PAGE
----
Although on an official level the Organization of Islamic Co-operation has made statements speaking out against intolerance and incitement of hate for religious reasons, and called for cultural and religious diversity, Christians and persons of other faiths are often discriminated against in Muslim dominant countries. A 2010 article in Germany's Der Spiegel argued Islam's greatest internal struggle is a struggle for acceptance of diversity.
Even Mecca, which once had schools of four branches of Sunni Islam, now has only the school representing Wahhabism. A sign outside Mecca, Islam's holiest city, declares entrance to be forbidden for anyone of any other faith.
It would be dishonest to say the issues raised by an Office of Religious Freedom are not a struggle for people of all faiths. They are. Yet it is not simple coincidence the countries with the largest amount of personal freedom also happen to be the countries with a largely Christian history.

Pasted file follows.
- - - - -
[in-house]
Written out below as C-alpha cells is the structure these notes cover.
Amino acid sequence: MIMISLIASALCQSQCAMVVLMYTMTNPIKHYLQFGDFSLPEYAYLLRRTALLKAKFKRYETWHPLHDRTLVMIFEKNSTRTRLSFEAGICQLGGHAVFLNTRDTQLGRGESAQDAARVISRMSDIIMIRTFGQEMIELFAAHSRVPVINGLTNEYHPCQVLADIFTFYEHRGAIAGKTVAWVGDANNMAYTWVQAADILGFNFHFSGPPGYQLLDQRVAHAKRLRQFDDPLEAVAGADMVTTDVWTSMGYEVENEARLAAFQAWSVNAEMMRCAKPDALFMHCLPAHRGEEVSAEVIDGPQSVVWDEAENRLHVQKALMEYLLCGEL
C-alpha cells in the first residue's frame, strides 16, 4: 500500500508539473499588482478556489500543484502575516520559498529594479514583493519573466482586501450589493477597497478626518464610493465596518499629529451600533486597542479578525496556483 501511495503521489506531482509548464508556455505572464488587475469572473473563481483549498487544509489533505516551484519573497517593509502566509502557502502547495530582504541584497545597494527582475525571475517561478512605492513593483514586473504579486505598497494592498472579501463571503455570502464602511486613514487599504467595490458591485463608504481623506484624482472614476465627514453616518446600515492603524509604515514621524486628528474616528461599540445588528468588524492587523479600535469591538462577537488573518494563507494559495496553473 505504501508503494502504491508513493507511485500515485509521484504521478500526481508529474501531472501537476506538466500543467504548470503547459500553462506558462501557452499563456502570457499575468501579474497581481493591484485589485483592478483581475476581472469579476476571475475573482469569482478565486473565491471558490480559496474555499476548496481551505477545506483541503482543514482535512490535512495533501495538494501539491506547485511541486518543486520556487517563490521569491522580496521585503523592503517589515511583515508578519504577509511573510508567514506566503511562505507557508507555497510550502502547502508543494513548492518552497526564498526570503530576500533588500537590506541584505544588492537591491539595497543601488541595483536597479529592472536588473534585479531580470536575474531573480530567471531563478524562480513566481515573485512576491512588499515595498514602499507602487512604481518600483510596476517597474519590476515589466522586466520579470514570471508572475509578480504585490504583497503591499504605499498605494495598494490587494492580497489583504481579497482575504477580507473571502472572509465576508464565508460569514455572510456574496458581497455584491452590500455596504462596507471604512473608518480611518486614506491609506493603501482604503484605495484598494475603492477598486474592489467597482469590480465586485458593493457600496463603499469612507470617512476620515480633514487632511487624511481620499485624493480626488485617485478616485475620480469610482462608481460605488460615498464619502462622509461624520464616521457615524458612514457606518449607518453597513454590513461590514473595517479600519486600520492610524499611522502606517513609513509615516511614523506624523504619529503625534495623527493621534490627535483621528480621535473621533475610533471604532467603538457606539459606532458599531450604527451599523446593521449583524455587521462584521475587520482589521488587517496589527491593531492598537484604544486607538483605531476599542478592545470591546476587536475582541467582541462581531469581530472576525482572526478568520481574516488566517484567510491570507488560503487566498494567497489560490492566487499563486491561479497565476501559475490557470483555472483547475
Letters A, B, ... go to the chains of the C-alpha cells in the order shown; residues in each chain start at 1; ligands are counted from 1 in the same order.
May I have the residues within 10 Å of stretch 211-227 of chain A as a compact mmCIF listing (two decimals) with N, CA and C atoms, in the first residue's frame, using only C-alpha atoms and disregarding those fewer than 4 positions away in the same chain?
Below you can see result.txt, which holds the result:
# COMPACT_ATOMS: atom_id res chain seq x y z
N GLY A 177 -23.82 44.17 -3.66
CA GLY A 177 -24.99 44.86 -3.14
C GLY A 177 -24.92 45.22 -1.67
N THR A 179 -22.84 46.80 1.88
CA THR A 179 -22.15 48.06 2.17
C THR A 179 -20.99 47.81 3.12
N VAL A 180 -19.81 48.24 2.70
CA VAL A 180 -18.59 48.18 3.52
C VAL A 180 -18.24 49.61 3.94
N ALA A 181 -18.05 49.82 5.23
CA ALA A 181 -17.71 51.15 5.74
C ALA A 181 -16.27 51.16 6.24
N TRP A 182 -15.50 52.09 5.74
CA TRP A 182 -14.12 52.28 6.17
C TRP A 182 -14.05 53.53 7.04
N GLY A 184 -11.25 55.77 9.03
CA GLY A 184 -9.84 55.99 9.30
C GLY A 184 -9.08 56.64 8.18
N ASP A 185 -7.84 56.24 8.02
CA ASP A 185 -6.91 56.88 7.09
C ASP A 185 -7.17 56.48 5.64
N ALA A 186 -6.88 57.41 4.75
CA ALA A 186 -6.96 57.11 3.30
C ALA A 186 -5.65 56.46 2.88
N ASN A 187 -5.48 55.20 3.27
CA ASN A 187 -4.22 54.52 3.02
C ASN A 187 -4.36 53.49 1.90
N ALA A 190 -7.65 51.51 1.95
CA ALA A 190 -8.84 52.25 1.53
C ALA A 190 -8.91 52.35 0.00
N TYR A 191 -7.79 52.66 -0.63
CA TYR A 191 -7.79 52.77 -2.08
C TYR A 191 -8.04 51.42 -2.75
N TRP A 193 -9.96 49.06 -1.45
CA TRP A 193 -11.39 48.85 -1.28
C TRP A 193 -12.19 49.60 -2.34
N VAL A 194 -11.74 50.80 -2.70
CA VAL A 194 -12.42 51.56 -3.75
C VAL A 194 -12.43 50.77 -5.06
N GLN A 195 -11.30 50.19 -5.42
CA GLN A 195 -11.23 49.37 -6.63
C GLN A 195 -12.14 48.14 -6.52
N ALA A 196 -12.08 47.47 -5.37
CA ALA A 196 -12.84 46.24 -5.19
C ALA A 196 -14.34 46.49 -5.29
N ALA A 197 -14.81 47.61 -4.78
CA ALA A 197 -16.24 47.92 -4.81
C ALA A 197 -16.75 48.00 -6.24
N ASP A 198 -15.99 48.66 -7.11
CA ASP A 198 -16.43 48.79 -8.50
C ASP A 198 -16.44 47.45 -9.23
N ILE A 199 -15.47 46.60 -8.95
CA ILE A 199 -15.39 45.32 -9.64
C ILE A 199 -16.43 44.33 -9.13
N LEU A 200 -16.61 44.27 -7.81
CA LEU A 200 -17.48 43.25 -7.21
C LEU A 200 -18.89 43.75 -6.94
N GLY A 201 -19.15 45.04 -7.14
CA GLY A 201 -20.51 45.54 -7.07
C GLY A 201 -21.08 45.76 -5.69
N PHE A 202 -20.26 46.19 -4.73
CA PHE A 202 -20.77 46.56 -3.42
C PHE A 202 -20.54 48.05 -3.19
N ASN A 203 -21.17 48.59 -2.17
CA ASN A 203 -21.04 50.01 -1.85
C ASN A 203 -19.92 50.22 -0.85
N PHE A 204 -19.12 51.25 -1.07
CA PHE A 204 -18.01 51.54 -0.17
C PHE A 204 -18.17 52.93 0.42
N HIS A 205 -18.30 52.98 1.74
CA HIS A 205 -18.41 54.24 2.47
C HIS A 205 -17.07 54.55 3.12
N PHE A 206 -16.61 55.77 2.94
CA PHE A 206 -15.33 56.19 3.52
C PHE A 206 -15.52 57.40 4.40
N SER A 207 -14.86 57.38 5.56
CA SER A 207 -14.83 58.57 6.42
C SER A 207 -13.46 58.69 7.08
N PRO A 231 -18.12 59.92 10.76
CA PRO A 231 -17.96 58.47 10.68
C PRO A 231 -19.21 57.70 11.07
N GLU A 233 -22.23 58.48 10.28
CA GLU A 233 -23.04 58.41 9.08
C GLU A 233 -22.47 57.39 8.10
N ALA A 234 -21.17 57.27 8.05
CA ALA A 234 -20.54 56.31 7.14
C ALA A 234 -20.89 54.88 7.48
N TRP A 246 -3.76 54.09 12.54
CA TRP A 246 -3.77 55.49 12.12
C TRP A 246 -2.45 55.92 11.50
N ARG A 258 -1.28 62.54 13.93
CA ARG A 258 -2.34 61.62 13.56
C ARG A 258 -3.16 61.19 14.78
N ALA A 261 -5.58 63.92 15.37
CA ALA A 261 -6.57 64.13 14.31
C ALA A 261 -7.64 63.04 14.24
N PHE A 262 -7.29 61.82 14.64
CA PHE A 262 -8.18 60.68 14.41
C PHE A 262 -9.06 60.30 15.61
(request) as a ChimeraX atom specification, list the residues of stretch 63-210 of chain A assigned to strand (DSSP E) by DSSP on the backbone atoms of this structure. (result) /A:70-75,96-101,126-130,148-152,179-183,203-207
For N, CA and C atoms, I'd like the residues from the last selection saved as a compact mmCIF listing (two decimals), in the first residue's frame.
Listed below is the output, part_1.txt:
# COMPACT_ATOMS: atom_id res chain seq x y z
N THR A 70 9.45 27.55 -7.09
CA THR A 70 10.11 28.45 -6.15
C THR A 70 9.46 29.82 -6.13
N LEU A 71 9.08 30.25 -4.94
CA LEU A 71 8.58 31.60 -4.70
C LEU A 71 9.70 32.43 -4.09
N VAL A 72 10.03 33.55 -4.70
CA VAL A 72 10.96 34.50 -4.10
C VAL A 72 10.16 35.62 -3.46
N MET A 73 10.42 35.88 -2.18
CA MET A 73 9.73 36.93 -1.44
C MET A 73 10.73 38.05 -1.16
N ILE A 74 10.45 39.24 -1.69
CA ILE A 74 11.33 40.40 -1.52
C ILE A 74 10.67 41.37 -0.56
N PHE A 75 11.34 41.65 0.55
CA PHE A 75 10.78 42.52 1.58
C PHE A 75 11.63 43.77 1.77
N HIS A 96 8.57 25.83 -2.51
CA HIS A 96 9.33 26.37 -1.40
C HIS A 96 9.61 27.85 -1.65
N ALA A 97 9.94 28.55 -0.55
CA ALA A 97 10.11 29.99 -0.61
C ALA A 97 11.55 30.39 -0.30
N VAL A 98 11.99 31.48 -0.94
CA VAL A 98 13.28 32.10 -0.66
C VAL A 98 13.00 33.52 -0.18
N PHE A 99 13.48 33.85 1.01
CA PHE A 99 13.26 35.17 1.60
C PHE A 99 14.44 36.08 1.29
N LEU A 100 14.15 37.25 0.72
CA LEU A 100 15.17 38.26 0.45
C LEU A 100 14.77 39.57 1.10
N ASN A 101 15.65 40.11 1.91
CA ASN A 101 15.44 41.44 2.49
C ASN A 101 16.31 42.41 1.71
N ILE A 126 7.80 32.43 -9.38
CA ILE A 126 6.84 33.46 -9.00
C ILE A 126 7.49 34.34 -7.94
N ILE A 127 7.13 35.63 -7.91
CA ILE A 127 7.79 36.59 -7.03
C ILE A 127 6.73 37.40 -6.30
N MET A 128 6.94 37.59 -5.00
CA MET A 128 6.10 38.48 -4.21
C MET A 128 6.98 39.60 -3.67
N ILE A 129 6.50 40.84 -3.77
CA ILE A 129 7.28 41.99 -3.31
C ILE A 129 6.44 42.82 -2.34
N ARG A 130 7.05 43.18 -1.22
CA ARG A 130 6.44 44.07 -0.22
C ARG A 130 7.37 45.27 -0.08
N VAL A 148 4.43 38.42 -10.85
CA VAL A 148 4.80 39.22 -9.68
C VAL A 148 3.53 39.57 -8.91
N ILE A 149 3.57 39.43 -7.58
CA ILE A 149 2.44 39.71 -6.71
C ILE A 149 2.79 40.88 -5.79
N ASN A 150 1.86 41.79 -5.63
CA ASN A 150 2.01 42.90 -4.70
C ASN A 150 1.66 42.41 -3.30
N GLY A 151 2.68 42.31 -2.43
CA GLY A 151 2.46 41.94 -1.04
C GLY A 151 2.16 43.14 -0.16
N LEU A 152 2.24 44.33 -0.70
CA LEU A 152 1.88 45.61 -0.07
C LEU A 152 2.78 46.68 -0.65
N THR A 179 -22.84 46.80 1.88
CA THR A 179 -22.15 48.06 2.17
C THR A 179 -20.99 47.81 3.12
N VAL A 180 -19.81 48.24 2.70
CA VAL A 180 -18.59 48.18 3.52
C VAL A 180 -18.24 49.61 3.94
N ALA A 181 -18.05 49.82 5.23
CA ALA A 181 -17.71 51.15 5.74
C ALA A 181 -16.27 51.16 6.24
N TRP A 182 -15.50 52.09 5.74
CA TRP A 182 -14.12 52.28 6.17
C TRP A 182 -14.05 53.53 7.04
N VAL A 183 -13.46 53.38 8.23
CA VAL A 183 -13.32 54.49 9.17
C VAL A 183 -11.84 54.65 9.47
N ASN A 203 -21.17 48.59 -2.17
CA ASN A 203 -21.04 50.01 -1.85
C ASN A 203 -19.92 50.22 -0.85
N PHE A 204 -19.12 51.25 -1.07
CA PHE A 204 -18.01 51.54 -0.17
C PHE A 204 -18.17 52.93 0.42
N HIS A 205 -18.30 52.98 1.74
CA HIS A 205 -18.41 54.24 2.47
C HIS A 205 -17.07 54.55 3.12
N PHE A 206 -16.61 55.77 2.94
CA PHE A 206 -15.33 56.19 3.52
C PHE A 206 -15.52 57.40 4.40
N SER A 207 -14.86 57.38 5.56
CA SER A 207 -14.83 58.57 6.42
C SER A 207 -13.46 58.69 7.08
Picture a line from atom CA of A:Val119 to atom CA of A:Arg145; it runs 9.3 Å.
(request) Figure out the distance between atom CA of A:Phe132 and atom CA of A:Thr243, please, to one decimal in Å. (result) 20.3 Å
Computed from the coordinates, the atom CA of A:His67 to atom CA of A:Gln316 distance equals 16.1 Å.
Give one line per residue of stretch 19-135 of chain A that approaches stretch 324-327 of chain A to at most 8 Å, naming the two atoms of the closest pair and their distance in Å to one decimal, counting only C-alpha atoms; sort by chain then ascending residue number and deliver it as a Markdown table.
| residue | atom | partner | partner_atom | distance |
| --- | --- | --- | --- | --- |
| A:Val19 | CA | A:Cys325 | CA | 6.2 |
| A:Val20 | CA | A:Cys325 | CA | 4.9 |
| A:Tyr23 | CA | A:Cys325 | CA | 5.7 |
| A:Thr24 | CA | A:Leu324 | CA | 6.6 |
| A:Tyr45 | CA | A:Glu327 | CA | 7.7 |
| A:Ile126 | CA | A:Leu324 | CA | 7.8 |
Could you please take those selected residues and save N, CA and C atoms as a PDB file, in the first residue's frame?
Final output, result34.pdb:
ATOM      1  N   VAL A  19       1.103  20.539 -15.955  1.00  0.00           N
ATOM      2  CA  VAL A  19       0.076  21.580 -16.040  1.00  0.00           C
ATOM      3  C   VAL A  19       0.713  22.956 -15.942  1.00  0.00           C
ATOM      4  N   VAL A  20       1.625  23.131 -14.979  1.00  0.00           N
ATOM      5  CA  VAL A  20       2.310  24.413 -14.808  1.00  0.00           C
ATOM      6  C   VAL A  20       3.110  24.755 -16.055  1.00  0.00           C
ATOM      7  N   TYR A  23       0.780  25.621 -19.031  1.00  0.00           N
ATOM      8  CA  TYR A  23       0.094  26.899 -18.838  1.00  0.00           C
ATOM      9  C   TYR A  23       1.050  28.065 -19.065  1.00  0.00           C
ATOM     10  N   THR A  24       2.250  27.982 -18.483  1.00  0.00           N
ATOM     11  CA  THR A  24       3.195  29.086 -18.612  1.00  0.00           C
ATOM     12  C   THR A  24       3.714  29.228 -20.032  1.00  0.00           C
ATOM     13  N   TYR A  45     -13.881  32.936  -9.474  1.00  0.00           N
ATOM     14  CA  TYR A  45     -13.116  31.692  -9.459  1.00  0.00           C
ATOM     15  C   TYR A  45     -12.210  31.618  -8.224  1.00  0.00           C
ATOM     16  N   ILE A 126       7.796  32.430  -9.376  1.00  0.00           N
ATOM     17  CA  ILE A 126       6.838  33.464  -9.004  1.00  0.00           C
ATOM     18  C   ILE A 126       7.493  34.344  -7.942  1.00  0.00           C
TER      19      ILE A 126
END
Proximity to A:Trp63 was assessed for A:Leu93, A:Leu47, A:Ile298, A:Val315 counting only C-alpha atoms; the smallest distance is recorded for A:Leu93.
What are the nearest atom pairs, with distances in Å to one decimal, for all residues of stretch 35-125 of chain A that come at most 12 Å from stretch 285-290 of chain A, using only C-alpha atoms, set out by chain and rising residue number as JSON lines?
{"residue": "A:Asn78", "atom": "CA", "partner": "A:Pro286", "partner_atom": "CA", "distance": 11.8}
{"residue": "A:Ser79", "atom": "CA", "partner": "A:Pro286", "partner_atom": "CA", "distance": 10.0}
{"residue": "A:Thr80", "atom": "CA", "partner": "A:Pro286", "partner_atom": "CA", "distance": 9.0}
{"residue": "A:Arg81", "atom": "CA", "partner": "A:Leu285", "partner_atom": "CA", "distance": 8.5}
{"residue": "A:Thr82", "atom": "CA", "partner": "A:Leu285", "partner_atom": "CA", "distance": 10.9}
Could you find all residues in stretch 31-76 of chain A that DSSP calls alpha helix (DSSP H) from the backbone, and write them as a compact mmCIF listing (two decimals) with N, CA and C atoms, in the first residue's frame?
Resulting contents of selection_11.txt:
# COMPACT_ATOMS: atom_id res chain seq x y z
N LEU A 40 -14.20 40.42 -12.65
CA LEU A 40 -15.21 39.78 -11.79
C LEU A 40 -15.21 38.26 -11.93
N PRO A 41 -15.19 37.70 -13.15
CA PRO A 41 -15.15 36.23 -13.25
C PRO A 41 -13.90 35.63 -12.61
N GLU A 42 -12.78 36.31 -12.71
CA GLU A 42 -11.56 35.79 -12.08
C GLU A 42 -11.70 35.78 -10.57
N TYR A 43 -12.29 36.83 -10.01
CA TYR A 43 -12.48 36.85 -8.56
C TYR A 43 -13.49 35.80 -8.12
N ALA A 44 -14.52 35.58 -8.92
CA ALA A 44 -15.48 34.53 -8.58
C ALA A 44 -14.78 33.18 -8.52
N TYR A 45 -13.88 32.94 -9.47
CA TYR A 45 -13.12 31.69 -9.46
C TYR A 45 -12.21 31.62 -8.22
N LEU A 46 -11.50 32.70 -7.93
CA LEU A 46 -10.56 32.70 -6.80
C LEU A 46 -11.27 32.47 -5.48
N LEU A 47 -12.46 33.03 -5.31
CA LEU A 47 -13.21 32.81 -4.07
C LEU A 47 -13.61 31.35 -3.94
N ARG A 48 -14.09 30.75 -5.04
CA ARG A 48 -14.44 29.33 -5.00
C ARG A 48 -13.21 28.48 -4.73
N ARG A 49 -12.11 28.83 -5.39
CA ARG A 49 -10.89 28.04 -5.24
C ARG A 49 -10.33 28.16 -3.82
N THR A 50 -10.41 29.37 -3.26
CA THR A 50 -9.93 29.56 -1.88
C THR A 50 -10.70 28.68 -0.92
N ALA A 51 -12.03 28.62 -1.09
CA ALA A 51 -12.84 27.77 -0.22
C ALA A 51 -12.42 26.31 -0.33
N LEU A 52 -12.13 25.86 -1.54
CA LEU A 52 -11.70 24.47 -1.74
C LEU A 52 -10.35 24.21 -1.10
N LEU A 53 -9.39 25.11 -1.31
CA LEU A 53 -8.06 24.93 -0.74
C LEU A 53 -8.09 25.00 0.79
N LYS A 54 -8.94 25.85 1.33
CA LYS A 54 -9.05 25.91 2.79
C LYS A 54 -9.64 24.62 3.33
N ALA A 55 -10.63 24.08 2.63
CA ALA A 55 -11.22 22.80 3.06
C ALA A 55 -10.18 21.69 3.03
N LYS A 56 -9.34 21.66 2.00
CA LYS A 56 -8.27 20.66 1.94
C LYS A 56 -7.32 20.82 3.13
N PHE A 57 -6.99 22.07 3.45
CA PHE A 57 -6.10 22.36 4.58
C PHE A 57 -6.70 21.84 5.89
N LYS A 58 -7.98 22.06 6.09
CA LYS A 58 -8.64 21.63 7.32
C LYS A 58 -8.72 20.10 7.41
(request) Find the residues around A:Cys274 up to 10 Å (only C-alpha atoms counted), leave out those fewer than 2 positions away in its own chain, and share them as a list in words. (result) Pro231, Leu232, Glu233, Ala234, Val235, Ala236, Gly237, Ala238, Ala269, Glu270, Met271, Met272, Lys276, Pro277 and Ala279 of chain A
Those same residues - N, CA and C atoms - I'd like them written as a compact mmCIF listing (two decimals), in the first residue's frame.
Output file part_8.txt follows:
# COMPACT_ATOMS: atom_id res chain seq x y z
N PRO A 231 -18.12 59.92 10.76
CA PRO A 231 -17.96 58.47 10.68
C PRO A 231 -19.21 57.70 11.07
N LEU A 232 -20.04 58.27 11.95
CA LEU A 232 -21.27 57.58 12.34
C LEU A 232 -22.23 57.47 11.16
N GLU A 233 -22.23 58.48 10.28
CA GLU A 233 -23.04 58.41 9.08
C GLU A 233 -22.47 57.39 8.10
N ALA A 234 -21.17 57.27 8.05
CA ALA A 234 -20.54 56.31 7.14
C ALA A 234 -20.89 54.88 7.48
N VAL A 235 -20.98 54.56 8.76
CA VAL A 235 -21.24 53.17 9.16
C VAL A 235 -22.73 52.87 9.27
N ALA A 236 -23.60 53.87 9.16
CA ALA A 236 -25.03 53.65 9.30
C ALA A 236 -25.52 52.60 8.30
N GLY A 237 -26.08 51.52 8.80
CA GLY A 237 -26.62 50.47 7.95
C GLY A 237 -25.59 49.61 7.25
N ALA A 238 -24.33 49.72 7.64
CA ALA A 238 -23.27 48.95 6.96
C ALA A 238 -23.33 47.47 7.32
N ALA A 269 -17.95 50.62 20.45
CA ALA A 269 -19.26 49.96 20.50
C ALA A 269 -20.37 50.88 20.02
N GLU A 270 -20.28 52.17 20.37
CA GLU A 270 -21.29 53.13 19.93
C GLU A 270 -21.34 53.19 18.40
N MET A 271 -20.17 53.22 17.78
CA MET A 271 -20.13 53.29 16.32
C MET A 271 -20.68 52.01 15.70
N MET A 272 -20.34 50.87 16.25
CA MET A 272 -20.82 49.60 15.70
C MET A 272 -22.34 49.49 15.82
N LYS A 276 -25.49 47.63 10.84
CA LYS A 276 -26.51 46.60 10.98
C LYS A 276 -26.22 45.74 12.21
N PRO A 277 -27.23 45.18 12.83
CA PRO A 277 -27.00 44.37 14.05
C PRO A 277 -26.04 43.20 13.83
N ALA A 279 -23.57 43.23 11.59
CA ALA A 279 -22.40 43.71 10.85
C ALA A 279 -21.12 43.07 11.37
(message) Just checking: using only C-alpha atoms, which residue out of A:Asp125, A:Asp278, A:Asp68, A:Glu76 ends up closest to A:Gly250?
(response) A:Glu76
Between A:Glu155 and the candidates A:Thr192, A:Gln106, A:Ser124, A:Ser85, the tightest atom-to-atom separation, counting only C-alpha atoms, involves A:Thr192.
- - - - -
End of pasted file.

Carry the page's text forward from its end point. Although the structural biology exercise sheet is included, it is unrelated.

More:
Christianity on the whole -- despite a long history in which its practice was quite the opposite -- is comfortable with a clear separation between church and state.
A 2010 Pew Forum survey asked more than 2,100 evangelical Protestant leaders from around the globe for their views about political involvement. More than eight out of 10 (84 per cent) thought that religious leaders should express their views on political matters, but by more than a three-to-one margin (74 per cent versus 21 per cent) the evangelical leaders said it was acceptable to them if their country's political leaders had a different religion than their own.
That, I would suggest, reflects the overwhelming majority of Canadians and provides encouragement to hope for good work from a Canadian Office of Religious Freedom.
Harold Jantz is a Christian
writer on religious affairs.